But I’m only 150 miles out of warranty!

When asking your dealer or independent auto repair facility to pay all or a portion of your repair bill after your warranty has expired, you should first consider their side of this very sensitive issue.

While they won’t say this to you, I will.  What would you have said to them, if some 30 months into a 36 month warranty, your shop called and asked if they could shorten your warranty time, say, by six months. After all, if everything is going OK and you don’t have any outstanding issues, why not just call it even and allow them to duck out of the last 6 months of the warranty period?

So what they are thinkin' when you ask for them to extend your warranty to cover a repair is this: We never ask you to shorten the warranty period, please don’t ask us to lengthen it.

But let’s say your transmission failed at 38,000, just 2,000 miles past your major drivetrain warranty coverage. You have the best chance getting financial assistance if you follow the guidelines below:

1. You must be the original owner. The car manufacturers have made it very clear that their obligation only extends to the original buyer and few dispute resolution parties disagree with that position. So if you are the second or subsequent owner . . .STRIKE ONE.

2. You better have all your maintenance records and they better be valid. Having your garage doctor up a couple of oil change receipts is the worst thing you could do. Guys like me can spot those a mile away AND if you are asked for the canceled check or a copy of the dated credit card receipt or if the shop is asked for a copy of the bill just before your bill and the one just after it and you come up with some lame excuse why that info is not valid . . . STRIKE TWO.

3. Keep your cool, tell them what you think is fair, don’t threaten to picket the place or paint your car yellow and park it out front. Ask a lot of questions, put your case in writing, be nice. Be brief, take no more than two pages to state your case and ask for financial assistance.

Your written case should sound and look like this:

"I am the original owner of this car. I have enclosed all of my maintenance receipts that apply to my transmission. As you can see, I have had the filter and fluid changed twice in the last three years (bonus point) at your dealership. According to your service advisor, Mike Salem, my transmission failed at 38,000 miles, just 2,000 miles past my warranty period.

It appears that the normal life or a transmission may very well be 100-125k miles. Using that figure and if you agree, it appears that my transmission failed in the first third of its life. I do acknowledge that I did receive the benefit of using that transmission for 38,000 miles and I’m am more than willing to pay for all of that use (38,000 miles divided by 112,000 (average life btw 100k and 125k = 33% of this transmission was used). But could we discuss all the options available on the other two thirds? Perhaps we could agree to somehow fairly split the bill into two parts. I’ll be very glad to pay for the first third of the transmission repair, then could we discuss how to fairly deal with the balance?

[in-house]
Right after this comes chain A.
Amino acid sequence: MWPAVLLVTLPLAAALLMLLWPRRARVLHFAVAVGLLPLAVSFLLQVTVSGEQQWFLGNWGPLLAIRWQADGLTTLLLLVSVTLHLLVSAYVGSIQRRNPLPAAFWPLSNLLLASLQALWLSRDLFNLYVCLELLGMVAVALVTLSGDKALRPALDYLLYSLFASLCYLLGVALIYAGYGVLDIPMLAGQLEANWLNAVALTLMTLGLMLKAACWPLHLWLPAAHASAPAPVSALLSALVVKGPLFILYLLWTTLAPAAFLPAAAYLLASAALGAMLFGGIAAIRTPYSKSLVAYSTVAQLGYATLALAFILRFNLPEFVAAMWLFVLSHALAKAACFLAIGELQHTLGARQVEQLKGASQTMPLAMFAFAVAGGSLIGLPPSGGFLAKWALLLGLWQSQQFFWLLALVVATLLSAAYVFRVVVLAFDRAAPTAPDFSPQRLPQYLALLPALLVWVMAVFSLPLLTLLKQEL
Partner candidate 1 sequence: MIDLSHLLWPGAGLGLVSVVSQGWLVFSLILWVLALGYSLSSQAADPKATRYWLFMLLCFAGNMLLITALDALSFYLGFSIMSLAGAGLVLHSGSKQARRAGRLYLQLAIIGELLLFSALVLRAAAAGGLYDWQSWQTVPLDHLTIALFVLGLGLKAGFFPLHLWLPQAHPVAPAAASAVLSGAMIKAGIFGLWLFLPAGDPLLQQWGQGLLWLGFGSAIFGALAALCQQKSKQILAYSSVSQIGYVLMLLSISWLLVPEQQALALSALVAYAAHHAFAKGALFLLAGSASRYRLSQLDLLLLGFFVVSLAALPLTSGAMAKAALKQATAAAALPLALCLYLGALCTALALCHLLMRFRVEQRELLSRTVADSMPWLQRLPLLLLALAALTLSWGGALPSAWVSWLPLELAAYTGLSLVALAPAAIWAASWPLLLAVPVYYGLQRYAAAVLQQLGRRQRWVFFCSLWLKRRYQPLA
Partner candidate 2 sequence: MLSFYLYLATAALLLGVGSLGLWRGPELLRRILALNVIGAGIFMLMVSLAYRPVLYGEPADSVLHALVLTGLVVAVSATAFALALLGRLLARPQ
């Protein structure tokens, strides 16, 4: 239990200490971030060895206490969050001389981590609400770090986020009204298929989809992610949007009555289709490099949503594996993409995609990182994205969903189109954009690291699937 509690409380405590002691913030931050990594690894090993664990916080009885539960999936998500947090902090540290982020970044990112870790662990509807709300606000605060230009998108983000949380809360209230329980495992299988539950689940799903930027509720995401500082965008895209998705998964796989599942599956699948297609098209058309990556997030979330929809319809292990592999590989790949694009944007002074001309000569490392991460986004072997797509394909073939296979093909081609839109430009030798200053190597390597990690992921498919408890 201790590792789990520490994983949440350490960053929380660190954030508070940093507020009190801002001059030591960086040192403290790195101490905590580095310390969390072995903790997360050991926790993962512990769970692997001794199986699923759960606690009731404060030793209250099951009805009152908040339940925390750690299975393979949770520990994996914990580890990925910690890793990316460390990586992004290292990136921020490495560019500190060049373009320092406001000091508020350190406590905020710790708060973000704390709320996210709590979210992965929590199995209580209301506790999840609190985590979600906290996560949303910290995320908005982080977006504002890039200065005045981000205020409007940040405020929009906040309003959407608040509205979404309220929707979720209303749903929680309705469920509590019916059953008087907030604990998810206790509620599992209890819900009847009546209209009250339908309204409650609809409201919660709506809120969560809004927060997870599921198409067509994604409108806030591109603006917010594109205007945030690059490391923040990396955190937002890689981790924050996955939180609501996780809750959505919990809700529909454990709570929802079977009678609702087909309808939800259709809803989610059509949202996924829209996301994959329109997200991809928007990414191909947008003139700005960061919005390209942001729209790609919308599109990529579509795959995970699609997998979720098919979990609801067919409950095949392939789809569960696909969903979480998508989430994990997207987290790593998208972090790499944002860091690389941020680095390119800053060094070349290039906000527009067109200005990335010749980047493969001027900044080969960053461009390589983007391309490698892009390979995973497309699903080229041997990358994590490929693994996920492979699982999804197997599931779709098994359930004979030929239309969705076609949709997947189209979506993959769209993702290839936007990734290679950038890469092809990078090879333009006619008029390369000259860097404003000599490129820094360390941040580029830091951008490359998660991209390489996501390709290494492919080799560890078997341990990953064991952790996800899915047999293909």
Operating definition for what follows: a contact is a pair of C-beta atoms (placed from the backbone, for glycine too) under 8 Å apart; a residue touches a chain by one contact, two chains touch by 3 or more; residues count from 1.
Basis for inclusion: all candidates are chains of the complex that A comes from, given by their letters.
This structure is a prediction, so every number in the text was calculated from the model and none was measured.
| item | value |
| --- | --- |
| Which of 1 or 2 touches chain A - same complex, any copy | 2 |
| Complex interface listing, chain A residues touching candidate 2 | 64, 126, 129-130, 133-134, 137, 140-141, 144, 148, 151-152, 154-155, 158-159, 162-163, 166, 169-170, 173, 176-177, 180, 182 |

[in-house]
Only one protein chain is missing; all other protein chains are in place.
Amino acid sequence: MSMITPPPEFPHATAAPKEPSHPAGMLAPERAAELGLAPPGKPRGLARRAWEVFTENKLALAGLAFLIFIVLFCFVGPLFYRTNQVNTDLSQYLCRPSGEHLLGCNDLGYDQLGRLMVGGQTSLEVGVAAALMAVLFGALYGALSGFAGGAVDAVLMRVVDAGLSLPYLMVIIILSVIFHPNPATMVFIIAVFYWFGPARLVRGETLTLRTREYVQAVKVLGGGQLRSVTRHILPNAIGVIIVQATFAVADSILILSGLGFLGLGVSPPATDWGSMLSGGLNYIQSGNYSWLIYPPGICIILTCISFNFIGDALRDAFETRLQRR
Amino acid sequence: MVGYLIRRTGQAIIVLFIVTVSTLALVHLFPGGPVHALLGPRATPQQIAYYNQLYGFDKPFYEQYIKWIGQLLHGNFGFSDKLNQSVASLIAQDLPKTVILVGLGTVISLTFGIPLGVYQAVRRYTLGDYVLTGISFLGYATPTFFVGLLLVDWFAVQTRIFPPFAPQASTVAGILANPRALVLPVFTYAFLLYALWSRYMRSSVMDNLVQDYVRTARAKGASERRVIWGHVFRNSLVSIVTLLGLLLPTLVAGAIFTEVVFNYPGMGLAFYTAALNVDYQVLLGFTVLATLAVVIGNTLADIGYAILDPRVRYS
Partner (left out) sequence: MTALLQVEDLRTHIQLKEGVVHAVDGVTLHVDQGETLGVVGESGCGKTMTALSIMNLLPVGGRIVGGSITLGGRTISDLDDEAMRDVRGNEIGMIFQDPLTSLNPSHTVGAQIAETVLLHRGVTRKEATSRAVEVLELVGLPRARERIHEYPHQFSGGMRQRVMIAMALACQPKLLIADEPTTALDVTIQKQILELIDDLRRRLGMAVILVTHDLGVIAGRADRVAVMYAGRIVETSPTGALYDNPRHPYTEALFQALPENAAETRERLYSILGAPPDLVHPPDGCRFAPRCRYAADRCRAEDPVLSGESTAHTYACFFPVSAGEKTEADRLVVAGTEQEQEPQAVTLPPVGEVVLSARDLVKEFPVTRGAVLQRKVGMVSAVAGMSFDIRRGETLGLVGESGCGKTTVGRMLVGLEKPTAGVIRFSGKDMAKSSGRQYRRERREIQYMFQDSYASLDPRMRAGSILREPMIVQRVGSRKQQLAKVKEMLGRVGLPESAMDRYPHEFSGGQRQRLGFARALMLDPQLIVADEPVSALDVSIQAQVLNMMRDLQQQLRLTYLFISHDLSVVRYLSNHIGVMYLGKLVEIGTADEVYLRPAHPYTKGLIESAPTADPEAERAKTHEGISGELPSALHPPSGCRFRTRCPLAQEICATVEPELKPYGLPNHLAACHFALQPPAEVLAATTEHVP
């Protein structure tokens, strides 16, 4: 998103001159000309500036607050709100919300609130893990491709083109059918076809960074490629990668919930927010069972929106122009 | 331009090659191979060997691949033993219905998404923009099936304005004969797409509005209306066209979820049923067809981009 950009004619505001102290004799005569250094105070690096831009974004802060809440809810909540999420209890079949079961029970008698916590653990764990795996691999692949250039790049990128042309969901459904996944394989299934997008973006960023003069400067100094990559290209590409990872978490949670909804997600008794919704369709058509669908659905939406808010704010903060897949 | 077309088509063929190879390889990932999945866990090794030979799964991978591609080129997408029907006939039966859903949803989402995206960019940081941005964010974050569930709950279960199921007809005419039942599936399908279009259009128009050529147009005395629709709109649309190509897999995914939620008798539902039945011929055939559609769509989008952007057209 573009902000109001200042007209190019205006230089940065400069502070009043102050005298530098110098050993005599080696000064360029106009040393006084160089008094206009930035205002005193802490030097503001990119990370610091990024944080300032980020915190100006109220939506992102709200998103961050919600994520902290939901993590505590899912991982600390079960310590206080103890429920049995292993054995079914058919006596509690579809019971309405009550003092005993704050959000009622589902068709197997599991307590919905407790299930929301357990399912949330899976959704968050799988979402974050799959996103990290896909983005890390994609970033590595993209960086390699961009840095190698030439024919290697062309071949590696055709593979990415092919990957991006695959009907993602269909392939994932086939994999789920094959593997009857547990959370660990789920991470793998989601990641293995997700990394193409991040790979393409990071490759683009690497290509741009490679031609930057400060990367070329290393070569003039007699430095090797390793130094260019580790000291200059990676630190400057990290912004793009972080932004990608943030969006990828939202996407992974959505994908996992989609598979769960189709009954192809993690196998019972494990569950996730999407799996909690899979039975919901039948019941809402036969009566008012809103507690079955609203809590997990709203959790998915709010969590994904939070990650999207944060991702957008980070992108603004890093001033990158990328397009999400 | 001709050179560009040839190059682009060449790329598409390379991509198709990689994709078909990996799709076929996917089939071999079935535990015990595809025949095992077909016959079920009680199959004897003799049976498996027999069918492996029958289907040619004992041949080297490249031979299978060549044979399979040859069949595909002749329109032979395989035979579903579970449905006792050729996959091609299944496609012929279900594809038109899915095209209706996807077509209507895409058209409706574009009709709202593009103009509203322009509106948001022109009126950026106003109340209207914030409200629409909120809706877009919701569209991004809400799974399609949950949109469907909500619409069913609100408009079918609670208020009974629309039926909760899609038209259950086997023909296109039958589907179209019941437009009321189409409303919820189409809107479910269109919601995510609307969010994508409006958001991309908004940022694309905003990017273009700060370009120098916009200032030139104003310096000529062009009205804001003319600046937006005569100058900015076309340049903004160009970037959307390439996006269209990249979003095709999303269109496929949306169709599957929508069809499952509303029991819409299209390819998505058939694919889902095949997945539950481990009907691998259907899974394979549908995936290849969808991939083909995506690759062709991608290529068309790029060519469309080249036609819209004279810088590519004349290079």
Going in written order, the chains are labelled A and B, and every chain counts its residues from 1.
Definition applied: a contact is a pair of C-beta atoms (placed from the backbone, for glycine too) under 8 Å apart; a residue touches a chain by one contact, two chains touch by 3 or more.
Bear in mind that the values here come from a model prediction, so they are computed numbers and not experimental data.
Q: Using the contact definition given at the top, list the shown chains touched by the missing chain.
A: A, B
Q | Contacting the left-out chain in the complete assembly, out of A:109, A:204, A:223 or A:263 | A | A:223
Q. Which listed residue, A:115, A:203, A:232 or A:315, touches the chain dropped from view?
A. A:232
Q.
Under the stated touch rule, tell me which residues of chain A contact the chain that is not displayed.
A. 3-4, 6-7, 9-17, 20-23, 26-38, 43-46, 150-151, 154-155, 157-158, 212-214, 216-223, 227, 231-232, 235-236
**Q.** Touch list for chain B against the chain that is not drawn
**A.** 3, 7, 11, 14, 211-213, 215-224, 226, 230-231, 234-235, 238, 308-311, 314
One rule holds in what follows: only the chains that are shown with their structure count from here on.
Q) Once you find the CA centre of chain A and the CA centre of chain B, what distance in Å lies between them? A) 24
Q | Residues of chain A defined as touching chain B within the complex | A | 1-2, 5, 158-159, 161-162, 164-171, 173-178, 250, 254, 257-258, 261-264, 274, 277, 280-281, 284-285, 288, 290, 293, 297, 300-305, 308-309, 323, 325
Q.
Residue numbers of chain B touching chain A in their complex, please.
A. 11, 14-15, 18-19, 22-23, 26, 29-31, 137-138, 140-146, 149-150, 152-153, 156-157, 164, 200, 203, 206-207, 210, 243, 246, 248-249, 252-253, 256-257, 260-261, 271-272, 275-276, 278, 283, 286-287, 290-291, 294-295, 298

Thank you for your time, please call me when you can."

All car manufacturers have a dispute resolution process available for consumers. Look in the back of your owners manual for that information. If you choose to go that route because you are unhappy with the deal you were offered, make sure of two things.

One -  Make sure you can briefly describe your case without using the word "Principal". If you can’t, forget making an appeal. I 've sat on the Ford Consumer Arbitration Board (FCAB) as a technical advisor and chairman for two years, I've sat as an arbitrator for the BBB and GM for three years and I have served two years as a technical advisor for Chrysler and nothing turns board members off faster than a 25 page hand written appeal, name calling, bogus receipts, threats, unreasonable requests and the misuse of the word "Principal".

Two - Always have the repair done at the dealer so if the appeal is successful, to institute the terms of the new agreement will be easy. Having your transmission done at my garage eliminates the car manufacturer from taking my bill, reducing it to cost, adding your portion and making it all come out at the end. They can and will do that at the dealer, but they can’t do it to other shops not related.

There is a time when asking if you can take it to another shop can benefit you. Say you are unhappy with the paint on your hood and your dealer has made three repair attempts, none to your satisfaction. First make sure that everyone who looks at the hood can see what you see. Second , you can ask that the shop of YOUR choice be paid by the dealer or car manufacturer, to repaint your hood. That many times will fly. You see, if the estimate you have from the shop you want to repaint your hood is fair, they will normally pay that bill in a heartbeat. They know that you will go away, you will become that shops problem and they will never have to deal with this hood issue again. So for $350, the problem is gone and so are you.

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